The first day after dinner we ran into Pavlov, a grizzly bear so named because of his strange personality.  It appears that this bear enjoyed posing for photographers and would lie down in the sand, roll around and demonstrate strange poses.  Then he would run to the water, run, come back to the beach, shake the water and start another routine.

There was a pair of 2-3 years old cubs that were recently chased away by the mother and were beginning to start their independent lives.  On various occasions they were chased by their mother or other adult bears and they would run away as fast as they could; on occasion they would climb a nearby tree. 

There was a pair of 2-3 years old cubs that were recently chased away by the mother and were beginning to start their independent lives.  On various occasions they were chased by their mother or other adult bears and they would run away as fast as they could; on occasion they would climb a nearby tree. 

The bears live in this area because of the abundance of food and consequently grow larger than the inland grizzly bears.  They have an ample supply of grass which they spend most of the time eating just like a cow, are experts and digging and opening razor clams in the mud flats at low tide (one bear cut the lip with the shell, maybe that is why they called razor clams), and later on in August-September fill their bellies with the salmon that come up Silver Salmon Creek to lay their eggs.  They are also scavengers and one evening, one found a dead skate that provided an opportune dinner.

There are other mammals and birds in the area such as wolves (saw tracks on the sand), beavers and numerous shore birds such as yellow legs, tufted puffins and mew gulls.  But next to the bears, the most exciting were the bald eagles. 

This one of the places on earth where I like to return, just as East Africa and Patagonia and enjoy a back scratch while waiting for another grizzly to walk by.


Tuesday, July 10, 2012

Yellowstone 2012

  I returned this year to Yellowstone two weeks later than in 2011.  What a change two weeks made; it was warmer and dryer and more crowded than last year.  Most of the snow was gone except for the peak of the mountains.  It appeared as fewer animals were around; perhaps due to the heavy traffic and the tourists chasing them to get a closer image.  Coyotes are used to people that they just wonder around as if they own the place.  One crossed the Yellow River Bridge; why go up and down a ravine and get wet when men built this structure?

One of the reasons for returning was to go to Trout Lake to photograph the spawning of the cutthroat trout. Last year when I visited it was too early, but this time, I got there on time. It takes a stiff walk up a hill to get to the lake, but once there it was worth it. There is a stream coming from the mountains that enters the lake at the northwest corner; this stream is crossed by a wooden bridge. You can see hundreds of trout going up the stream after laying the eggs are laid in the gravel bottom at the entrance of the stream to the lake. The male trout hit the sides of the females making their eggs to be released at which time; the male spreads them with clouds of sperm to fertilize them. This is easier to observe than photograph.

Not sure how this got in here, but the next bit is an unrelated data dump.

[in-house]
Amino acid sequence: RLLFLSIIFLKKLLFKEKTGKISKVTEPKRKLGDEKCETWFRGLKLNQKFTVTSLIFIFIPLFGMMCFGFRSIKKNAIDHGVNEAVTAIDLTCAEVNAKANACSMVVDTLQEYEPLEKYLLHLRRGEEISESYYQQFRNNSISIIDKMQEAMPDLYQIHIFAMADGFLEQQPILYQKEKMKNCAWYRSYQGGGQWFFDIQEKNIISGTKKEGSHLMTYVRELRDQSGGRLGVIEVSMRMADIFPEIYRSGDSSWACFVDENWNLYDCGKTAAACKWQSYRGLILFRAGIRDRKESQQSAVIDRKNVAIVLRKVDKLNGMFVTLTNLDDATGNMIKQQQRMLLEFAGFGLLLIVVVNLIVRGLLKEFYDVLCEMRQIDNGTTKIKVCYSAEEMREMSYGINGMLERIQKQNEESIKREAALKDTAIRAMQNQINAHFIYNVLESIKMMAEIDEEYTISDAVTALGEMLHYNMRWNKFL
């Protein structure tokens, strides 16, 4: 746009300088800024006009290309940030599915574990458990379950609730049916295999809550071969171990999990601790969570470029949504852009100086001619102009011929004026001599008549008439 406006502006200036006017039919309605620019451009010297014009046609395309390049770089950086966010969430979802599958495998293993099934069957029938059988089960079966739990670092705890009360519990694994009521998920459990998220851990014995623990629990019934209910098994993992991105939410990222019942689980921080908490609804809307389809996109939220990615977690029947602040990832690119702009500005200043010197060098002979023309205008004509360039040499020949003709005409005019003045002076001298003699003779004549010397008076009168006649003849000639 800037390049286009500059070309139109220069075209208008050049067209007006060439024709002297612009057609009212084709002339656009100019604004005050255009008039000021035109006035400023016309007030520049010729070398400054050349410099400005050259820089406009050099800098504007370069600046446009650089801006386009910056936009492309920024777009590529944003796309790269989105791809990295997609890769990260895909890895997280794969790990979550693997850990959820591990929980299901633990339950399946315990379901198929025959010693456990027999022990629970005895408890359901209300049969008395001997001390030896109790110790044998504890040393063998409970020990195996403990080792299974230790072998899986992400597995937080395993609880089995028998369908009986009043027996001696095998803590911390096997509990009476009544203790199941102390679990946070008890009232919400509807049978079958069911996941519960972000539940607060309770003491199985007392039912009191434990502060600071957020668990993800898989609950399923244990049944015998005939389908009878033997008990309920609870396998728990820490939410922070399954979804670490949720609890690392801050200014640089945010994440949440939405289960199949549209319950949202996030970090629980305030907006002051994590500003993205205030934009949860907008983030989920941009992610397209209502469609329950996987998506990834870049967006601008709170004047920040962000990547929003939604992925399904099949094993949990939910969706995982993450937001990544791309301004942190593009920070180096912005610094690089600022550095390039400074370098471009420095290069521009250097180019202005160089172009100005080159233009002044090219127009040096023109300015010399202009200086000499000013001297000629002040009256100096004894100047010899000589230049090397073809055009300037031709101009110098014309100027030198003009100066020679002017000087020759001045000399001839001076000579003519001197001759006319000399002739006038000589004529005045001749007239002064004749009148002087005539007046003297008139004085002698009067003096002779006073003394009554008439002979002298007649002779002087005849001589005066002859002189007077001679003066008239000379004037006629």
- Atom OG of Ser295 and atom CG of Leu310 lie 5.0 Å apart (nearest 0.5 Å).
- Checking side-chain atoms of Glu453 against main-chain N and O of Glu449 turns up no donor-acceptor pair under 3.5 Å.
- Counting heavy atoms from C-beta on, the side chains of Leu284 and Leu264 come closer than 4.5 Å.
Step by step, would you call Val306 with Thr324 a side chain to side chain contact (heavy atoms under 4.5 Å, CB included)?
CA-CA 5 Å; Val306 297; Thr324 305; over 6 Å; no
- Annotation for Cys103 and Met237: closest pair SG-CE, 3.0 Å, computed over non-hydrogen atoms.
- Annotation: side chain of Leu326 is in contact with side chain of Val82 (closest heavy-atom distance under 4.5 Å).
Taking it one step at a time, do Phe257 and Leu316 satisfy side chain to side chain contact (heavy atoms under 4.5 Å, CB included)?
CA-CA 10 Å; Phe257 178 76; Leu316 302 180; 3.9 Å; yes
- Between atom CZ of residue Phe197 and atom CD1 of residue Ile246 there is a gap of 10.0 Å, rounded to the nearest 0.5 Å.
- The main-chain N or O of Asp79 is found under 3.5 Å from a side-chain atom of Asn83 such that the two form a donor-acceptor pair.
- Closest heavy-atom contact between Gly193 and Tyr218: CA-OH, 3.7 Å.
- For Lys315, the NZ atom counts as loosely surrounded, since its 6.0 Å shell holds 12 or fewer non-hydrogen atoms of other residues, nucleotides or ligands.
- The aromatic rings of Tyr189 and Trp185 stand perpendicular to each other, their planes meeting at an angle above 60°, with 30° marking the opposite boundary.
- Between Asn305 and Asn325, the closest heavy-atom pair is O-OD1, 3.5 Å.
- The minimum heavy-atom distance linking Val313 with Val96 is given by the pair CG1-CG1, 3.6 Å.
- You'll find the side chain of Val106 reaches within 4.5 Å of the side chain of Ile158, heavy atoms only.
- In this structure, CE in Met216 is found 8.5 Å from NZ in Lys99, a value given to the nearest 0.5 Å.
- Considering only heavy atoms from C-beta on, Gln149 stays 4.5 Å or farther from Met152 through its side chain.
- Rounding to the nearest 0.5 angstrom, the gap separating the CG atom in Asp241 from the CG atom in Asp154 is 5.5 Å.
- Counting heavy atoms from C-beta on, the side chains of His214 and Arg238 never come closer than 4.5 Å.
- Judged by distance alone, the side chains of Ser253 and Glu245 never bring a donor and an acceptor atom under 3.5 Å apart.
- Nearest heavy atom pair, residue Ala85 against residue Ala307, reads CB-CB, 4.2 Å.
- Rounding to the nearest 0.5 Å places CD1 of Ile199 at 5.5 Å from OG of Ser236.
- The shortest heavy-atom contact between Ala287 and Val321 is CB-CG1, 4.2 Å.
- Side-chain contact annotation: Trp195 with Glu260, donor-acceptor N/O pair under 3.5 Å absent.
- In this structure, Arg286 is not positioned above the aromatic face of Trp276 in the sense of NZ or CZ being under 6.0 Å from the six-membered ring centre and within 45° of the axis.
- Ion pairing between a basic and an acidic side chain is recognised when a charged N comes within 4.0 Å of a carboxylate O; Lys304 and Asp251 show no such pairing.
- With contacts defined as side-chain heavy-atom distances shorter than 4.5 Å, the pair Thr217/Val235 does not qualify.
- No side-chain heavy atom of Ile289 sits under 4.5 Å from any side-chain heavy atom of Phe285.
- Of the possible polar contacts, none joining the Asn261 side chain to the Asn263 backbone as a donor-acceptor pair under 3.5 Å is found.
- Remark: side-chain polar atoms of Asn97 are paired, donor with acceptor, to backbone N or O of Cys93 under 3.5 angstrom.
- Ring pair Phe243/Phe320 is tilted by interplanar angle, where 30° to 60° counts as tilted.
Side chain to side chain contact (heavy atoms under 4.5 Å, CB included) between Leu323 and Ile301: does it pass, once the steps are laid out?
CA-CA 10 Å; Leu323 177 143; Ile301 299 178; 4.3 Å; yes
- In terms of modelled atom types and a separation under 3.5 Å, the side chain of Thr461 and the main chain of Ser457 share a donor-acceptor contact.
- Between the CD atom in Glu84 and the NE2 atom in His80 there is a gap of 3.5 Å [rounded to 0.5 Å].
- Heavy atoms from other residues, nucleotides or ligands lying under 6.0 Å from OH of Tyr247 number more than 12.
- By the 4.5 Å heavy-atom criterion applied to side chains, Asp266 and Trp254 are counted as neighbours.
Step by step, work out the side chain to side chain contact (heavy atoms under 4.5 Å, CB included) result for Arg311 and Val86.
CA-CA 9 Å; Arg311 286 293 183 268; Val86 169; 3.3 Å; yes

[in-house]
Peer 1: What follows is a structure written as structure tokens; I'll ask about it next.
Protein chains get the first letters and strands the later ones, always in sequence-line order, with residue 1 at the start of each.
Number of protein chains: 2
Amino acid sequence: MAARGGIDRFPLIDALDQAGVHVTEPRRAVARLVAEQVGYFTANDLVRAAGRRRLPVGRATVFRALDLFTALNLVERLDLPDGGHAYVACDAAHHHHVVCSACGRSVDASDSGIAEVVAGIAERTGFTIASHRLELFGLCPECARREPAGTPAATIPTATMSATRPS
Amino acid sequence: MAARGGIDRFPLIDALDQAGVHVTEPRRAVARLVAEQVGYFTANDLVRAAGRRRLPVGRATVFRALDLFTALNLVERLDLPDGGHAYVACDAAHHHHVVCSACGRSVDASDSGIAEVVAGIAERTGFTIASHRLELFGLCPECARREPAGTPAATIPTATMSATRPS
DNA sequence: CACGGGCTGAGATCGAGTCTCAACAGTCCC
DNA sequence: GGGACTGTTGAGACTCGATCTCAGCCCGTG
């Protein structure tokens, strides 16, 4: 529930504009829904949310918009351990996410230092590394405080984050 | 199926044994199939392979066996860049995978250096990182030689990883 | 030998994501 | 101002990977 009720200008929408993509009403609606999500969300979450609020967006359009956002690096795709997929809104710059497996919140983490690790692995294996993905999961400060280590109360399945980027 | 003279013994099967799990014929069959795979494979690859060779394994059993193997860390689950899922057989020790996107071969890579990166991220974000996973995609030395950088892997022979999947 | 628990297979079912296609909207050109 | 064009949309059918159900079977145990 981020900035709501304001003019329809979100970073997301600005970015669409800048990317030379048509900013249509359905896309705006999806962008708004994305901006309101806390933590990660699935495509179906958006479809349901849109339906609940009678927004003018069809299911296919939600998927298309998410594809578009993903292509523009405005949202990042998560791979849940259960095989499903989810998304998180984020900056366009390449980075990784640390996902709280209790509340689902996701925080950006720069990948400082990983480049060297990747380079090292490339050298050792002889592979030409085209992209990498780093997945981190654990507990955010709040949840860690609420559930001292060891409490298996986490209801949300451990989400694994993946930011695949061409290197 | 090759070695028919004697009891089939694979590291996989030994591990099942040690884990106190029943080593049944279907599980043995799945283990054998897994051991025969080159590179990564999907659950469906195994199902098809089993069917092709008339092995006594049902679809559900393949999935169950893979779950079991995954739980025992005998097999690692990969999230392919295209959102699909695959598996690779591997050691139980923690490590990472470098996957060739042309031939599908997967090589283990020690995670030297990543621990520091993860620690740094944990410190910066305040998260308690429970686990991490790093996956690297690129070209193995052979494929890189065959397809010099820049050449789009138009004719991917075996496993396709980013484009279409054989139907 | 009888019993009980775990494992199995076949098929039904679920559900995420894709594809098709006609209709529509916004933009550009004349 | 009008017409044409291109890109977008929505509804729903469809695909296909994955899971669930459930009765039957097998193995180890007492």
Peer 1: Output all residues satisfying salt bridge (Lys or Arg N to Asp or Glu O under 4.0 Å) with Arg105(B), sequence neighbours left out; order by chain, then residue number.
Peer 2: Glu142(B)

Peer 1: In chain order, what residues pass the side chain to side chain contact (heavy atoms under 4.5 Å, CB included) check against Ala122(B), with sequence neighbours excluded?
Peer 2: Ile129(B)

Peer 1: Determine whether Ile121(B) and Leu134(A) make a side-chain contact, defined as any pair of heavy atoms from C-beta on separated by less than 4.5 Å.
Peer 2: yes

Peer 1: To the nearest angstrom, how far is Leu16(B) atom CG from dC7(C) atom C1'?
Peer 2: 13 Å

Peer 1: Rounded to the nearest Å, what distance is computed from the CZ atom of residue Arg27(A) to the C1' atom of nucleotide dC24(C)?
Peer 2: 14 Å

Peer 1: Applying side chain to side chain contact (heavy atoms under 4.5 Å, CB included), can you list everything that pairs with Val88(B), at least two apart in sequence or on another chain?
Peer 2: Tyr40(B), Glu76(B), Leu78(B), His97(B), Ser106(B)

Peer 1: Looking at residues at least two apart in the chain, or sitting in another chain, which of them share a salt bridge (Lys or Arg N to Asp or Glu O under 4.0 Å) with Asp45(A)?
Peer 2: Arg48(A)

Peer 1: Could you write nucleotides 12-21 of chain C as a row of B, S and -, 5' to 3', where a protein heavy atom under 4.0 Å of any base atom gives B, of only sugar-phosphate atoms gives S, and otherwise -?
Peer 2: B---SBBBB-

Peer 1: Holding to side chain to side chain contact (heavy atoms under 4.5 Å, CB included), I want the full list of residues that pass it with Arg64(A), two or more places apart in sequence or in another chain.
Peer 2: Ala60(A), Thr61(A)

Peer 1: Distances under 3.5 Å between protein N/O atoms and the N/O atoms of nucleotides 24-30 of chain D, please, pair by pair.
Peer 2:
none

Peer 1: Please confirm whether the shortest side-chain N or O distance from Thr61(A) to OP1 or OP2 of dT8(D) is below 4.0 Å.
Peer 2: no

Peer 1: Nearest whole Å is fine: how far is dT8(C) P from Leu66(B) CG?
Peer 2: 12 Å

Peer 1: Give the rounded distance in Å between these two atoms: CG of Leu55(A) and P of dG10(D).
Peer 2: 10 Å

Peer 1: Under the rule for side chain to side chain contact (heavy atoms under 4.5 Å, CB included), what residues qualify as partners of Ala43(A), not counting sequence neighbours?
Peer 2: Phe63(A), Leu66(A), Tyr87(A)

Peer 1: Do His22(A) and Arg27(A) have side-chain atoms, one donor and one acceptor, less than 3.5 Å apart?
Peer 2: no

To kill the time between the unpredictable otters appearances, I would spent time photographing the goldeneyes that at the time were doing their pairing dances and looking for hole in trees to set households.  Early in the morning they will do their rituals dances and flights that were finished usually by 0830.  At that time 2 or 3 pairs will fly to the top of a hollow dead tree in the side of the mountain.  By the third day, when I realized what was going on, I climbed the side of the mountain and set the camera with a tripod about the same height as the top of the tree about 30 feet away and was able to capture a few images of their landings. 

There was a Lincoln's sparrow that every morning like clockwork, will land in the same bush, perch there and sing to his heart contents.  It was a male just announcing to others where his territory was and hoping to attract a girlfriend.  I never saw another sparrow in the vicinity the time I was there…hope that he finally found a mate by now.

Since sunset arrive late @ 2100, after returning to the car from the lake, I will drive up and down the Lamar Valley road in the hope of taking a shot of a wolf crossing the road; no luck here but I was able to photograph the ever present buffaloes, coyotes, pronghorn gazelles and elks.

 Saw brown bears about 4 times but these are difficult to photograph because once it is seen, the crowd arrives followed by the park rangers that makes almost impossible to get a good shot.  Fortunately the last night in the way to the hotel, a young male cinnamon bear was walking o the meadow close to the road and finally I got a decent image.

 A few miles the road at the entrance to the town of Silvergate,  I ran into a fox family.  The animals fur did not look good (notice lack of hair between the tail and the rump); it is suffering from sarcoptic mange is caused the mite Sarcoptes scabiei, it burrows into the skin into which it deposits eggs, feces and other waste. This disease may eventually kill the fox when winter comes because the animal will not have enoughfur to protect it from the winter cold.
The day I arrived at Yellowstone about noon, I witnessed a strange interaction between a badger and a coyote.  It appears that the badger was chasing the coyote away from the proximity of it den.   While this behavior was going, the coyote will catch a ground squirrel and stop to eat it, the badger will also do the same.  And the chase stopped for the few minutes that it took to swallow the prey.  The interaction ended near a buffalo at which time the two predators parted ways.
Who knows what next year will bring, maybe I will get the elusive wolves.  Stay tuned.